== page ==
I remember completing a sort of 'Milton Friedman Test' before joining LPUK from which I was deemed to be of Libertarian instinct, but not 'pure'. I've always viewed our ideology as a direction rather than 'a set of things you believe in', and have encountered people of such instinct who are slightly more or slightly less 'pure' than myself. Many possess ideas that travel in a similar direction without ever realising it, and we badly need to tap into this pissed off section of the general population in order to make significant headway. The challenge to us is:- how do we make ours as broad a church as possible, one which encompasses Minarchists, Classical Liberals and Anarcho-Capitalists, while also repelling careerists who will hijack us for the sake of being a big fish in a small pond? We then need to make a distinction between a vision of 'our ideal society' and any realistic plan for government in the here and now. Even if power itself is light years away, tackling current issues and presenting what a Libertarian utopia might look like need to be kept on clearly separate pages.

So the death of LPUK may actually turn out to be the shot in the arm that Libertarianism in these isles really required, and let's face it, we need a credible alternative to statism more than we ever have. The 'differences' between the three corporatist parties need to be exposed as the single strands of hair that they actually are, while something blossoms from the ground up that appeals to those who have had enough of the status quo, and are seeking a more honest answer to everyday questions. Being a Libertarian, Minarchist or Classical Liberal is not always easy, and often involves taking anti-populist stances on contentious issues, but it is also immensely rewarding sometimes to see a situation develop and know that once again, you were right and the statists made things a whole lot worse than they already were.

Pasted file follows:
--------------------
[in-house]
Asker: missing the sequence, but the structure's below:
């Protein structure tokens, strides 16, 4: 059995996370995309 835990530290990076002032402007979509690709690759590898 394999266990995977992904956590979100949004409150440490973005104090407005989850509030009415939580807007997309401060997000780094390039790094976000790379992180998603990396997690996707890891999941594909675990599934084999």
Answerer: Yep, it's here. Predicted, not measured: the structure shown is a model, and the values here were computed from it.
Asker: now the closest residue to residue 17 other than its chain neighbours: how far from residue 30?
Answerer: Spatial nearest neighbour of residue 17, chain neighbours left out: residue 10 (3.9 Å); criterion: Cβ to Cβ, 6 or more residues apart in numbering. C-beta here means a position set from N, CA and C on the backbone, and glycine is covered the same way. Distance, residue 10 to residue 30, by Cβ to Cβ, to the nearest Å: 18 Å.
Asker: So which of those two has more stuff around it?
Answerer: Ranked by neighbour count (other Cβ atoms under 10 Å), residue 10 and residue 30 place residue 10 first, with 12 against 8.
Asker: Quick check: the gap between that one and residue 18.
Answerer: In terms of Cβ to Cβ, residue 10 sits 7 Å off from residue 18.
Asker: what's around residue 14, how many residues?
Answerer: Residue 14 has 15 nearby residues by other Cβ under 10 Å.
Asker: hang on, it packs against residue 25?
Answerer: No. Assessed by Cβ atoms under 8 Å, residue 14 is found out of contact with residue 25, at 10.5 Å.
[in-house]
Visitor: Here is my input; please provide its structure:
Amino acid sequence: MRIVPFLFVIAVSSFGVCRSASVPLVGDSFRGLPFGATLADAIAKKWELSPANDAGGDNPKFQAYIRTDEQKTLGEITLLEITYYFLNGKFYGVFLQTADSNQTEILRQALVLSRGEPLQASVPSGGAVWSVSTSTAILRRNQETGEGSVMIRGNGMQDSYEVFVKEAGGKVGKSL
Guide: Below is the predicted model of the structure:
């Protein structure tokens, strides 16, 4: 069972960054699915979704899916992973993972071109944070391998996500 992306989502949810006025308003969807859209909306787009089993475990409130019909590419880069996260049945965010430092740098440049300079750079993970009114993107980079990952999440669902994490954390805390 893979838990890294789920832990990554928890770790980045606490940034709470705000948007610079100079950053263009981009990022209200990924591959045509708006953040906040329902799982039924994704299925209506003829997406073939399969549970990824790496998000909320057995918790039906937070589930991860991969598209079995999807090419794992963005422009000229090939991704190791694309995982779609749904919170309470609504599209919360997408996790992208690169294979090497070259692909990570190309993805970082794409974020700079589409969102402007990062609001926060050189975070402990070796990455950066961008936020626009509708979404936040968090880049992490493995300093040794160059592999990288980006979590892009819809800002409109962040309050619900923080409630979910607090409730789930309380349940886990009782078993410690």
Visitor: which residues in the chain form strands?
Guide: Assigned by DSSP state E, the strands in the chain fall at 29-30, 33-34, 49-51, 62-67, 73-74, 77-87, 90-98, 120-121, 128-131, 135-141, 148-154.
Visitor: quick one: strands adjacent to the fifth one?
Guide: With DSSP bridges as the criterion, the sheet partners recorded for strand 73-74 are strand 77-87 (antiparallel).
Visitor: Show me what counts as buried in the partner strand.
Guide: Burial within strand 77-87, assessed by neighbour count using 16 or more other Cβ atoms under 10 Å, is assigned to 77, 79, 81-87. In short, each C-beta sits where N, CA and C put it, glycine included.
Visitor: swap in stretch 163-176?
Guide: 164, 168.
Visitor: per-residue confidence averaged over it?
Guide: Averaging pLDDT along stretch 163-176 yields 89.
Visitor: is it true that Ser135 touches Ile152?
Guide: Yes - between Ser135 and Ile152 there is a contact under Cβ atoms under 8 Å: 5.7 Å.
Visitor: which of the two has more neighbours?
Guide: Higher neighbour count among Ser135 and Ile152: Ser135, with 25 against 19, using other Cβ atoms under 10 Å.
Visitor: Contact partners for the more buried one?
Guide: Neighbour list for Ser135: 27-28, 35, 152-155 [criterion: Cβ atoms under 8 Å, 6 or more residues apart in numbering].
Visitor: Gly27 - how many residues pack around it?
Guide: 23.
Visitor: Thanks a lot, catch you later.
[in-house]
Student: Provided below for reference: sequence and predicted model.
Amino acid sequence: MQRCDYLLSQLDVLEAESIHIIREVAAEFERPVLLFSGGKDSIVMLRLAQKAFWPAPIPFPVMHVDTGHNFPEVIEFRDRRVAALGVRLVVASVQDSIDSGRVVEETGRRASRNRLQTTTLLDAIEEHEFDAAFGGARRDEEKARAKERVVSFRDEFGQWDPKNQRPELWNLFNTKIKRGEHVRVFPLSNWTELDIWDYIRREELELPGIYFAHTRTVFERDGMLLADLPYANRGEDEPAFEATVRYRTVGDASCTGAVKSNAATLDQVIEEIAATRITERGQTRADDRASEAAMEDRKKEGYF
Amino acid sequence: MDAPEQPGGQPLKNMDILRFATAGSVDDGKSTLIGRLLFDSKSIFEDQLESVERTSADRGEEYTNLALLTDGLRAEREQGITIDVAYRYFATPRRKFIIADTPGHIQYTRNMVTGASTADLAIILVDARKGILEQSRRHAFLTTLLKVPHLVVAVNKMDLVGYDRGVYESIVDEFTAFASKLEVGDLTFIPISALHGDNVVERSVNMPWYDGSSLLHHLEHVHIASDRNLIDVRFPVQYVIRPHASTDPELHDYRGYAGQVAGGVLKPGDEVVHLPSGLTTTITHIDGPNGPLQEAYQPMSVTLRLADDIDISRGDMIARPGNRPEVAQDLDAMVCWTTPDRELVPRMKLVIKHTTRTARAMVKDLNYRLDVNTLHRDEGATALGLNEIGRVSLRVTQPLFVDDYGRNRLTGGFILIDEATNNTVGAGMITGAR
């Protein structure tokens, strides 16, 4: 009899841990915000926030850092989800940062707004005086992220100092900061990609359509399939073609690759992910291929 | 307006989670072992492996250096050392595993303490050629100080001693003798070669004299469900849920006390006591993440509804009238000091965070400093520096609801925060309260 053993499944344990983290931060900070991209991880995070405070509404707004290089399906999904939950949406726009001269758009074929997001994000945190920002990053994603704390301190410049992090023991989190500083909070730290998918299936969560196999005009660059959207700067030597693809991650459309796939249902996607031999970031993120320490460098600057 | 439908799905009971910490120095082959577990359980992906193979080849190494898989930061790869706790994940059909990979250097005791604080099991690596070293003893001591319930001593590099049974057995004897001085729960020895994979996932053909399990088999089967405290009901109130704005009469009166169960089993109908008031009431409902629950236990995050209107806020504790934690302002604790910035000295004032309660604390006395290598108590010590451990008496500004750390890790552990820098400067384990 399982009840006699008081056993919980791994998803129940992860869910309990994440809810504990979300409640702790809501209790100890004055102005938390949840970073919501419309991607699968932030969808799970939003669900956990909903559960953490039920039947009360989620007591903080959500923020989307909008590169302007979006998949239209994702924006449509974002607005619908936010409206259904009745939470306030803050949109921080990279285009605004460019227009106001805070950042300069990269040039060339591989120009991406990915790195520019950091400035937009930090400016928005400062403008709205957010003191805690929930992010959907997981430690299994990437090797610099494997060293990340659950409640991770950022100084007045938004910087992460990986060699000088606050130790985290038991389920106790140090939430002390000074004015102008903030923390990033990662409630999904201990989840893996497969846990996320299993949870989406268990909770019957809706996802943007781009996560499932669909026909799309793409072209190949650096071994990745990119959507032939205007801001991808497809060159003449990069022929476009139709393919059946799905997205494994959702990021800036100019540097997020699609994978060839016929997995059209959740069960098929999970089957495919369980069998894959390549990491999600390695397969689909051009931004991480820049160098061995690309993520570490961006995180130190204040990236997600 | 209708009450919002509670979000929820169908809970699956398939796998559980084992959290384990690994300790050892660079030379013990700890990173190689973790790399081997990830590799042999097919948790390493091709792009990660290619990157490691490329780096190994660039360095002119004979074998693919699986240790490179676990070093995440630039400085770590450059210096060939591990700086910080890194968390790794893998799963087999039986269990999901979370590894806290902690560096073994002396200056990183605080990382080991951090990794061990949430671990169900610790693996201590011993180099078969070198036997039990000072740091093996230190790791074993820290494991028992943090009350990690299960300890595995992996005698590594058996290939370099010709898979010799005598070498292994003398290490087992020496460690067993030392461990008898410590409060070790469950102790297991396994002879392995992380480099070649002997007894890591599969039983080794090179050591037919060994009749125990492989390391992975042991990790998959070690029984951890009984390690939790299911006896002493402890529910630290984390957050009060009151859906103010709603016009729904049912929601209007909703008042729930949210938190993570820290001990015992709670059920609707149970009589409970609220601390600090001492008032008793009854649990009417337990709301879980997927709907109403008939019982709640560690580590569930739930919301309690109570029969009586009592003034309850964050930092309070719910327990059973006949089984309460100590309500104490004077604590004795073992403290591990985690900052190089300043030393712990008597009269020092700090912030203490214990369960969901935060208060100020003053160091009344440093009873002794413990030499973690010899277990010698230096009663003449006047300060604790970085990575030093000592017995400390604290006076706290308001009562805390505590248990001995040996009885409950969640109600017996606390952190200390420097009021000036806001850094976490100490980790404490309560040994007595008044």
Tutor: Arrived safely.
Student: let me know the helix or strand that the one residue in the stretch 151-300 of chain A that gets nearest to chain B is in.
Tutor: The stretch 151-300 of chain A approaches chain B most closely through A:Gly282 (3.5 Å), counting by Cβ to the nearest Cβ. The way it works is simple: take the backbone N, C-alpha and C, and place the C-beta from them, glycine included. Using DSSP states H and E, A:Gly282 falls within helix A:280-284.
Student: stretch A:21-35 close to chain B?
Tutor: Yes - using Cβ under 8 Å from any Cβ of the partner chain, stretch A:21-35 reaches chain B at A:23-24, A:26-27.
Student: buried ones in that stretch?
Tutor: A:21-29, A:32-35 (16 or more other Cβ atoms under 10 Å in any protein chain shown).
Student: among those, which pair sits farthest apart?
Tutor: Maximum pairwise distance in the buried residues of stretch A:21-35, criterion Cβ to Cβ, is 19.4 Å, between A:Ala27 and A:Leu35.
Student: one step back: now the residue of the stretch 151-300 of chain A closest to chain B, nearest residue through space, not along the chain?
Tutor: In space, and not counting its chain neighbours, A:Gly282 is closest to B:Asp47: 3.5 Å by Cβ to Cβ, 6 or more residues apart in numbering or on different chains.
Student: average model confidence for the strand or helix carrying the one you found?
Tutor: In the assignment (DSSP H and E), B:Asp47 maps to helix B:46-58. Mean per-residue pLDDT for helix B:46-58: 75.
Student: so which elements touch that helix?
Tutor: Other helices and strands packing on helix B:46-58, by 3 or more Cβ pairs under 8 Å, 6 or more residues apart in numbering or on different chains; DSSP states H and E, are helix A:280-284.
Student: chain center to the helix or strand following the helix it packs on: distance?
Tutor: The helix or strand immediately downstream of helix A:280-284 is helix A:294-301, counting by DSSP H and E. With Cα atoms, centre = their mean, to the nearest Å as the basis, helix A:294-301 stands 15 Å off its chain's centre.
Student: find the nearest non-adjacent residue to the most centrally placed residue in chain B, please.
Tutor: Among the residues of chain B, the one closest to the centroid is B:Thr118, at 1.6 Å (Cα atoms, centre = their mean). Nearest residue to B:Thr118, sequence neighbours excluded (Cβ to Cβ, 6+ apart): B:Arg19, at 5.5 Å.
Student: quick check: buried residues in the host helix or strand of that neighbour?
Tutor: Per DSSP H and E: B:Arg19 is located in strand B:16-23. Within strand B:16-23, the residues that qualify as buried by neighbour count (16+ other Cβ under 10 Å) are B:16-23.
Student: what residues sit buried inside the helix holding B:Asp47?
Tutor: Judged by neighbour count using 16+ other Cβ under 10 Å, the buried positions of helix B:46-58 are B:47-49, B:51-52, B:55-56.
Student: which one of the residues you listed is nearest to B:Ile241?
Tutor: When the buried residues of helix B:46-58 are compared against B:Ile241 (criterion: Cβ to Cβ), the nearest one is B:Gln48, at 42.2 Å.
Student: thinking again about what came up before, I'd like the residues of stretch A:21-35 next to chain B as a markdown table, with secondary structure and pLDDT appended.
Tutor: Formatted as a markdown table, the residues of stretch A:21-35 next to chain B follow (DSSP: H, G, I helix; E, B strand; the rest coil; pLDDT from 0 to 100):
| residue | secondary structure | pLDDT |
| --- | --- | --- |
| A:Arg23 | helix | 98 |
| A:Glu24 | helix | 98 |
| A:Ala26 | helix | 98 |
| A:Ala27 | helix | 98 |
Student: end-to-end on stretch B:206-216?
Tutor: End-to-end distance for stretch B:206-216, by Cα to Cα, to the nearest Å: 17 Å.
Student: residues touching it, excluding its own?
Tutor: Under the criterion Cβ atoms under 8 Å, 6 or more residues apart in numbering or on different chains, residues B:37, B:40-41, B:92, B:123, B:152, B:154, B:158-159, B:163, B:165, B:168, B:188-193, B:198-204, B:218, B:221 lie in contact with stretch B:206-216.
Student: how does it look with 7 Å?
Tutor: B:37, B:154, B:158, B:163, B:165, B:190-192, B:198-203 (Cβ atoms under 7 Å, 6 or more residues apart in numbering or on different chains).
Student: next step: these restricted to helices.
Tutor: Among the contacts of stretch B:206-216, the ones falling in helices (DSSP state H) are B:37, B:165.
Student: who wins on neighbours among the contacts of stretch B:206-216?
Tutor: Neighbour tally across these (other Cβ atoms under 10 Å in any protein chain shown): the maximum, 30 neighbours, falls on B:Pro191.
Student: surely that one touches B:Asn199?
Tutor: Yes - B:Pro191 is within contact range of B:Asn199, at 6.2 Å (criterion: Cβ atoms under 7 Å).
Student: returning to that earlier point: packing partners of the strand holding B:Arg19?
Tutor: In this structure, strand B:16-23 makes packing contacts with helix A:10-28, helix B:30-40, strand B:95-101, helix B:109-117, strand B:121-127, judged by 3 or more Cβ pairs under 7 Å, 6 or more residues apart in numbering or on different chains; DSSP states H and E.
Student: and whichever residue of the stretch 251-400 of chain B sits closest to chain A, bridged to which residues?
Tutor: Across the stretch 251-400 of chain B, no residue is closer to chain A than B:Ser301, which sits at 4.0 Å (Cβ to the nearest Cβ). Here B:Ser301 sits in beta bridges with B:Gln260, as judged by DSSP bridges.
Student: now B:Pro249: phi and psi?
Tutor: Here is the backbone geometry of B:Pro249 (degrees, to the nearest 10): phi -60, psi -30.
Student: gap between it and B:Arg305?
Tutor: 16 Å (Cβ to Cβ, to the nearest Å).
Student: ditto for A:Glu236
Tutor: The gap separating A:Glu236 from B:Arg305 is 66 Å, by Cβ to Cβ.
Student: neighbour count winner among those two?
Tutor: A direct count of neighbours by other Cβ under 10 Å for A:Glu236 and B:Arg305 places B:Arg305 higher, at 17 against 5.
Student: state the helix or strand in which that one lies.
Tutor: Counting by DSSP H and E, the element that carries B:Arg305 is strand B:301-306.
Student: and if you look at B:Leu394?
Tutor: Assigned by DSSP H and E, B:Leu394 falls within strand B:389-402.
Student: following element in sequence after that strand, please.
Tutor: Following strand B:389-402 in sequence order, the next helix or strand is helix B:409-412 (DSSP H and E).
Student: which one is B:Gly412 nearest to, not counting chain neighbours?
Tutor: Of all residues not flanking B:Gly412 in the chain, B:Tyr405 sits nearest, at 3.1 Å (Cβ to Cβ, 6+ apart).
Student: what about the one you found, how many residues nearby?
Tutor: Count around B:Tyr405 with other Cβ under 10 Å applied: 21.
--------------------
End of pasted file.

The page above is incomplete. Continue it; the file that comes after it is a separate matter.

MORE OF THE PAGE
These are of course merely the ad-lib thoughts of a Classical Liberal. and I just hope they spark some debate about the future of what many on here believe in. Take care and I'll catch you soon...


  1. "Being a Libertarian ... involves taking anti-populist stances on contentious issues, but it is also immensely rewarding [to] know that once again, you were right and the statists made things a whole lot worse than they already were."

    This usually involves thinking about the issue rather than reacting emotionally or off the first thought or agreeing with the loudest person. When you think things through you realise that the usual statist thing (Labour or Tory) is usually counter productive. Just look at the recent news that the new online crime statistic site is potentially causing people to not report crime because it will affect their house price negatively.

  2. Couldn't agree more mate - taking emotion out of decision-making is a key component of what instinctive liberals believe in.

    Thanks so much again to Anna Raccoon for helping us both as a site and to get our message across. All at OutspokenRabbit wish her a speedy recovery.

  3. Please stop making comparisons between David Koresh and Andrew Withers. It is grossly unfair to David Koresh, and Jim Jones is far more appropriate.

  4. Brilliant stuff Trooper - love it. I come home from the pub to find gold like that waiting - thanks mate!!